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August 30th, 2007

For many years doctors have been assessing the role cholesterol plays in health by referring to the Total Cholesterol level.

A Total Cholesterol (TC) in excess on 5.5mmol/l is itself a risk factor for heart disease. But knowing your Total Cholesterol level is NOT enough.

To fully understand the effect of cholesterol has on your risk profile, you must also know the relationship between the Total Cholesterol and HDL Cholesterol. This is TC: HDL


TC:HDL ratio

Ideal Range

< 3.5

Acceptable Range

3.5 - 5.5

Needing Attention

> 5.5

An individual with a TC of 5.4mmol/l and HDL of 1.80mmol/l will have a TC:HDL ration of 3.0 which requires no attention. However, a person with a TC of 5.4mmol/l and HDL of 0.77mmol/l has a TC:HDL ratio of 7.0 which does require attention.

An HDL cholesterol level less than 1.0 mmo1/l is also considered a risk factor for the heart disease. Your aim is to decrease you ratio by increasing your HDL Cholesterol and decreasing your Total Cholesterol.

What is a good TC: HDL ratio?

Ideal Ratio:
Less than 3.5 - is associated with a less than half the average risk of developing heart disease.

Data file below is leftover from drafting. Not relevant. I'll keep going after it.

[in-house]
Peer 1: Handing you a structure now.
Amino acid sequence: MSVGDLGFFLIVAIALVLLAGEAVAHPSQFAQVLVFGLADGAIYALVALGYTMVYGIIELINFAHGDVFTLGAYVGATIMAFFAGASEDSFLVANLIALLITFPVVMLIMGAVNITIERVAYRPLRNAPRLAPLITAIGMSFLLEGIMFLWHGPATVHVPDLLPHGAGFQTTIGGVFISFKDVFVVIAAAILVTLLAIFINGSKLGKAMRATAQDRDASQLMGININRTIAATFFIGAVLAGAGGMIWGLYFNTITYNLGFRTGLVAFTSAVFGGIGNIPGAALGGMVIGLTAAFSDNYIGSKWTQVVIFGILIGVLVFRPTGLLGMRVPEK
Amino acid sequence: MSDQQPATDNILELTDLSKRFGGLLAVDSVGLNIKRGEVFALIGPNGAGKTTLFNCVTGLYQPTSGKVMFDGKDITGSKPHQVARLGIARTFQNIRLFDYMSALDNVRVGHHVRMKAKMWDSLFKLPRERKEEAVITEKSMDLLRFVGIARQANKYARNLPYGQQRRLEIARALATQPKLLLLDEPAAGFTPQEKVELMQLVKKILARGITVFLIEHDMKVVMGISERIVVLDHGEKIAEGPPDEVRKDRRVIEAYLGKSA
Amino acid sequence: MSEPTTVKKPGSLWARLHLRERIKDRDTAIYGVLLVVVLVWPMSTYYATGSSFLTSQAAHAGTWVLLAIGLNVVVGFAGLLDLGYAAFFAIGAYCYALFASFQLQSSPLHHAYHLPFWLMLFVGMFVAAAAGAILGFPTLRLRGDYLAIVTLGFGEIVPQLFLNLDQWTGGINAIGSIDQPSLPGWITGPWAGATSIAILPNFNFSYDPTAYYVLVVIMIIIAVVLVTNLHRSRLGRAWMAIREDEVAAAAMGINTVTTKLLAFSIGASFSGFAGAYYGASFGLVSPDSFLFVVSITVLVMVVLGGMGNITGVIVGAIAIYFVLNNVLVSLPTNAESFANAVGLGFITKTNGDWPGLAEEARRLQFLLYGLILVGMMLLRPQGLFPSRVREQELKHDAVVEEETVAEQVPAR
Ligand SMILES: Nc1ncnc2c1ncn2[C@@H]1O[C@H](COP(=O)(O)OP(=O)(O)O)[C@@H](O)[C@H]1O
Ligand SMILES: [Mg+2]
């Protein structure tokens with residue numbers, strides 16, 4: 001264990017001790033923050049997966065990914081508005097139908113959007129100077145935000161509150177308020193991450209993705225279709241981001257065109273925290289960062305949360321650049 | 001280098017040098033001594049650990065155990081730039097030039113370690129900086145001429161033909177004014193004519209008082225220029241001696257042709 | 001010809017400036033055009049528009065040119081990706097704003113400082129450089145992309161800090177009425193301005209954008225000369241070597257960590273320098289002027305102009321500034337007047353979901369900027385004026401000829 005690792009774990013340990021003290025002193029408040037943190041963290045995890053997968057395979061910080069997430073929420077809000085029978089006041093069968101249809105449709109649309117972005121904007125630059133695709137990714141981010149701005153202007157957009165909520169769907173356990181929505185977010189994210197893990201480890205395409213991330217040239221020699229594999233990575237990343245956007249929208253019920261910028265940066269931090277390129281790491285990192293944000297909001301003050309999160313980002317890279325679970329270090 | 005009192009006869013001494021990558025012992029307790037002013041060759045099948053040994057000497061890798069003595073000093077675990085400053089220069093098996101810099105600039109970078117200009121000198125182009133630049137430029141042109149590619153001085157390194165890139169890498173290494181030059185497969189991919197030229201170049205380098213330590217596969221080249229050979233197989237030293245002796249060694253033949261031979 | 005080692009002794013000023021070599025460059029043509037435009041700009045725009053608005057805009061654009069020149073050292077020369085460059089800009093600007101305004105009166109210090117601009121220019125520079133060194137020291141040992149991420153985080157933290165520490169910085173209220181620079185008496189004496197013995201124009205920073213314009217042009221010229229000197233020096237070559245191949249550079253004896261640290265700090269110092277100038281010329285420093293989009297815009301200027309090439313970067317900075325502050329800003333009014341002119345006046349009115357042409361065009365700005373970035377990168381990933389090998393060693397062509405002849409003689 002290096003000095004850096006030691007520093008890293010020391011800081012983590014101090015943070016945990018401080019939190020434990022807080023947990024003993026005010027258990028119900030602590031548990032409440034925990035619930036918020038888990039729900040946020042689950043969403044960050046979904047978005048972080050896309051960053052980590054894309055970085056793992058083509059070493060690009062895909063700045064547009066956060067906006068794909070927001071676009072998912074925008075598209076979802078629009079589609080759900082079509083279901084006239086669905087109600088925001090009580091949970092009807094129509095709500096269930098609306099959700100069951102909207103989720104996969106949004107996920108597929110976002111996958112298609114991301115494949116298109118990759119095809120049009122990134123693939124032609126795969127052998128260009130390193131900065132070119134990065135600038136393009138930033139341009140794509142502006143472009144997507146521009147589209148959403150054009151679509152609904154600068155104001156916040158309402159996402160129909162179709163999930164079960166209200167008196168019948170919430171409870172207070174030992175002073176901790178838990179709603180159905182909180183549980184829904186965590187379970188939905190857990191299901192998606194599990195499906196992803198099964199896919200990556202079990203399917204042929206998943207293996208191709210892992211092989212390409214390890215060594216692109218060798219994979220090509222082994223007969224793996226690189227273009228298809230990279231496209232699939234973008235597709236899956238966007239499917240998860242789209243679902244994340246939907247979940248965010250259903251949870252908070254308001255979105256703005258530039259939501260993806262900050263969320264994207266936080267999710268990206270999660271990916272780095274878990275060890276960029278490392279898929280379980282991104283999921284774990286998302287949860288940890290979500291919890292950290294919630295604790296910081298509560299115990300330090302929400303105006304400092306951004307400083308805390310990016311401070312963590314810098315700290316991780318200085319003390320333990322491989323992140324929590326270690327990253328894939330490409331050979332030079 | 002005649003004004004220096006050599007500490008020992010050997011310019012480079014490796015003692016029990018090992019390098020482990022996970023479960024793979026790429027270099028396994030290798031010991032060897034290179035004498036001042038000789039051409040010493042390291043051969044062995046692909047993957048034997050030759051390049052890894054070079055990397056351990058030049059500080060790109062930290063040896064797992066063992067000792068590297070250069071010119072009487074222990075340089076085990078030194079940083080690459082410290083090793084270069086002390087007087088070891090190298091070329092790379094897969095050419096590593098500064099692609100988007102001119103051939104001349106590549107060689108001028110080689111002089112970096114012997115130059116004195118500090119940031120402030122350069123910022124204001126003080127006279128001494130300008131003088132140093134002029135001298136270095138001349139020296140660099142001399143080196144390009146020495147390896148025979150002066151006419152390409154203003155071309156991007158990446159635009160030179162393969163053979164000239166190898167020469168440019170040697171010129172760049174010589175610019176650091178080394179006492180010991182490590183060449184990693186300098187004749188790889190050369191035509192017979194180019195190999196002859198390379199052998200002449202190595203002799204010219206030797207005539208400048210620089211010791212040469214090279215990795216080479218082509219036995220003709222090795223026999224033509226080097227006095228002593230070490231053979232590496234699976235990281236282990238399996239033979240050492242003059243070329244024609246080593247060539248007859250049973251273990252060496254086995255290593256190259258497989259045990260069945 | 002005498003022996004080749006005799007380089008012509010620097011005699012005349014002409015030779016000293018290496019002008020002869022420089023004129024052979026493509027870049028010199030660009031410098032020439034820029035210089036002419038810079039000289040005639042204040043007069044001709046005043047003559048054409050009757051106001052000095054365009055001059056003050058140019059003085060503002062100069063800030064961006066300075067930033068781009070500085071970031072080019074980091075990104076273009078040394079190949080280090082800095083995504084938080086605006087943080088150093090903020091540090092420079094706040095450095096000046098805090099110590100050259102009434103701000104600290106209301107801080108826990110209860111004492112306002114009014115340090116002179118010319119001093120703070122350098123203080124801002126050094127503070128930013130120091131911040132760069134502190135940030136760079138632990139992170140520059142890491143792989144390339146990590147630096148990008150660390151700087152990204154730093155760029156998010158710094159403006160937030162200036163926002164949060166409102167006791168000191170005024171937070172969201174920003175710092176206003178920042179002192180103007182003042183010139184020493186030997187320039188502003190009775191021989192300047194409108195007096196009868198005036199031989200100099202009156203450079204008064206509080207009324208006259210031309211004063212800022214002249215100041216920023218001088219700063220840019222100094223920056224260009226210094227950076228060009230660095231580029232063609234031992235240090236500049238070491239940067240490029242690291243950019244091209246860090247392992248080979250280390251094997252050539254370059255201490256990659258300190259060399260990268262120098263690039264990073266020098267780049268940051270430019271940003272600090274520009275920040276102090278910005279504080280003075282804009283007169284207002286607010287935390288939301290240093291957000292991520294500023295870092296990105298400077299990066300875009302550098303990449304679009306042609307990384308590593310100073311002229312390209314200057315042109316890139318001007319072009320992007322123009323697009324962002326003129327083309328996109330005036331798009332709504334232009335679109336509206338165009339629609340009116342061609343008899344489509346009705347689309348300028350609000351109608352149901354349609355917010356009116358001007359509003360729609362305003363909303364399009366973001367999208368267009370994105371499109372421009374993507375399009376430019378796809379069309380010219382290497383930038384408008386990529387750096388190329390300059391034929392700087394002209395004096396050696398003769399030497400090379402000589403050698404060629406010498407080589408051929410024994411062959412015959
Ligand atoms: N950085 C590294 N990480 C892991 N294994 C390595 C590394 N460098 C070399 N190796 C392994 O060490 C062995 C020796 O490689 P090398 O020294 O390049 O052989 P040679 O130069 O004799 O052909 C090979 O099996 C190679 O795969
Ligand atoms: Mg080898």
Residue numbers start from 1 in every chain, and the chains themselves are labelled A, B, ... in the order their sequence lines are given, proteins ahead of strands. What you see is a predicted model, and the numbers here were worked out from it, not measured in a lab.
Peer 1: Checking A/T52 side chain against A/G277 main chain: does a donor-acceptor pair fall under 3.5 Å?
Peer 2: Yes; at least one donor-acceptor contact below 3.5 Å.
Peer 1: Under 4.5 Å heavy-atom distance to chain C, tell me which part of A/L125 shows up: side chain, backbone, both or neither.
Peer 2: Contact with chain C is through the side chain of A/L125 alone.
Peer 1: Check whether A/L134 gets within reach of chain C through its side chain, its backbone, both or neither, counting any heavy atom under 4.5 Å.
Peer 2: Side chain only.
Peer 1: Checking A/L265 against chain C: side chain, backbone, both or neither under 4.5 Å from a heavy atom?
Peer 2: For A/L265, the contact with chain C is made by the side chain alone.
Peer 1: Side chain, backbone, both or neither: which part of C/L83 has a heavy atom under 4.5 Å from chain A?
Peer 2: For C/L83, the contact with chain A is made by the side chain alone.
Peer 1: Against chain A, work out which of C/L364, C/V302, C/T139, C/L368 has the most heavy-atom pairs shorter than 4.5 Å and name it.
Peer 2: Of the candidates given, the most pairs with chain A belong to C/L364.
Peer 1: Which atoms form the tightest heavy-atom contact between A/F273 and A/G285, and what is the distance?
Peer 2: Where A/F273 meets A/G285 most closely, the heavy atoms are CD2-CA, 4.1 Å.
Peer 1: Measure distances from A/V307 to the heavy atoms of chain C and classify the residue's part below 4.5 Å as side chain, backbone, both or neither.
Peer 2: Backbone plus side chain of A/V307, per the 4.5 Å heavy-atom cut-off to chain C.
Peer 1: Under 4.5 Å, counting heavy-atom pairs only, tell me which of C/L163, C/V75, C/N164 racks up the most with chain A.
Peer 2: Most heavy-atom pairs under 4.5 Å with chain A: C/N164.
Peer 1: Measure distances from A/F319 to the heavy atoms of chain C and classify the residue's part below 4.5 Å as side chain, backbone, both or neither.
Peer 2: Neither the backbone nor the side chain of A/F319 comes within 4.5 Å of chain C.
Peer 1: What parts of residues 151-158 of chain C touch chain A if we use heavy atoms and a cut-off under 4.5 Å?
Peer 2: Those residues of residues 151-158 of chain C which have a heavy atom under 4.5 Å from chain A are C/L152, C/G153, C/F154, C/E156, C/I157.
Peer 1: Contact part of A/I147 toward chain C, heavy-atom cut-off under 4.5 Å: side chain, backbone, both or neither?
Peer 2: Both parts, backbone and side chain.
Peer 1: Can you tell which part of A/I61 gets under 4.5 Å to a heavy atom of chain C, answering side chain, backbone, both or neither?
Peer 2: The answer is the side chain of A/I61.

Average Ratio:
3.5 - 5.0 - is associated with an average risk of developing heart disease - a 25% chance by the age of 60.

Marginal Ratio:
Between 4.5 and 9.6 - is associated with twice the average risk of development heart disease by the age of 60 - a 50% chance.

Dangerous Ratio:
Between 7.0 and 15.0 - is associated with tripled average risk for developing heart disease by the age of 60 years.

Anyone who has any cardiovascular disease, such as coronary heart disease, peripheral vascular disease (disease in the blood vessels that supply the limbs) or stroke, should have their cholesterol measured by a doctor.

Anyone, even children, with a family history of familial hypercholesterolaemia should have their cholesterol measured.

Anyone aged 35 or over should consider having their cholesterol measured if they have one or more of the following risk factors: family history of early heart disease, diabetes, high blood pressure, smoking.

A healthy lifestyle - exercising on most days, eating a low fat diet, not smoking and drinking alcohol within the recommended limits - will help reduce your risk of coronary heart disease.

source: bupa

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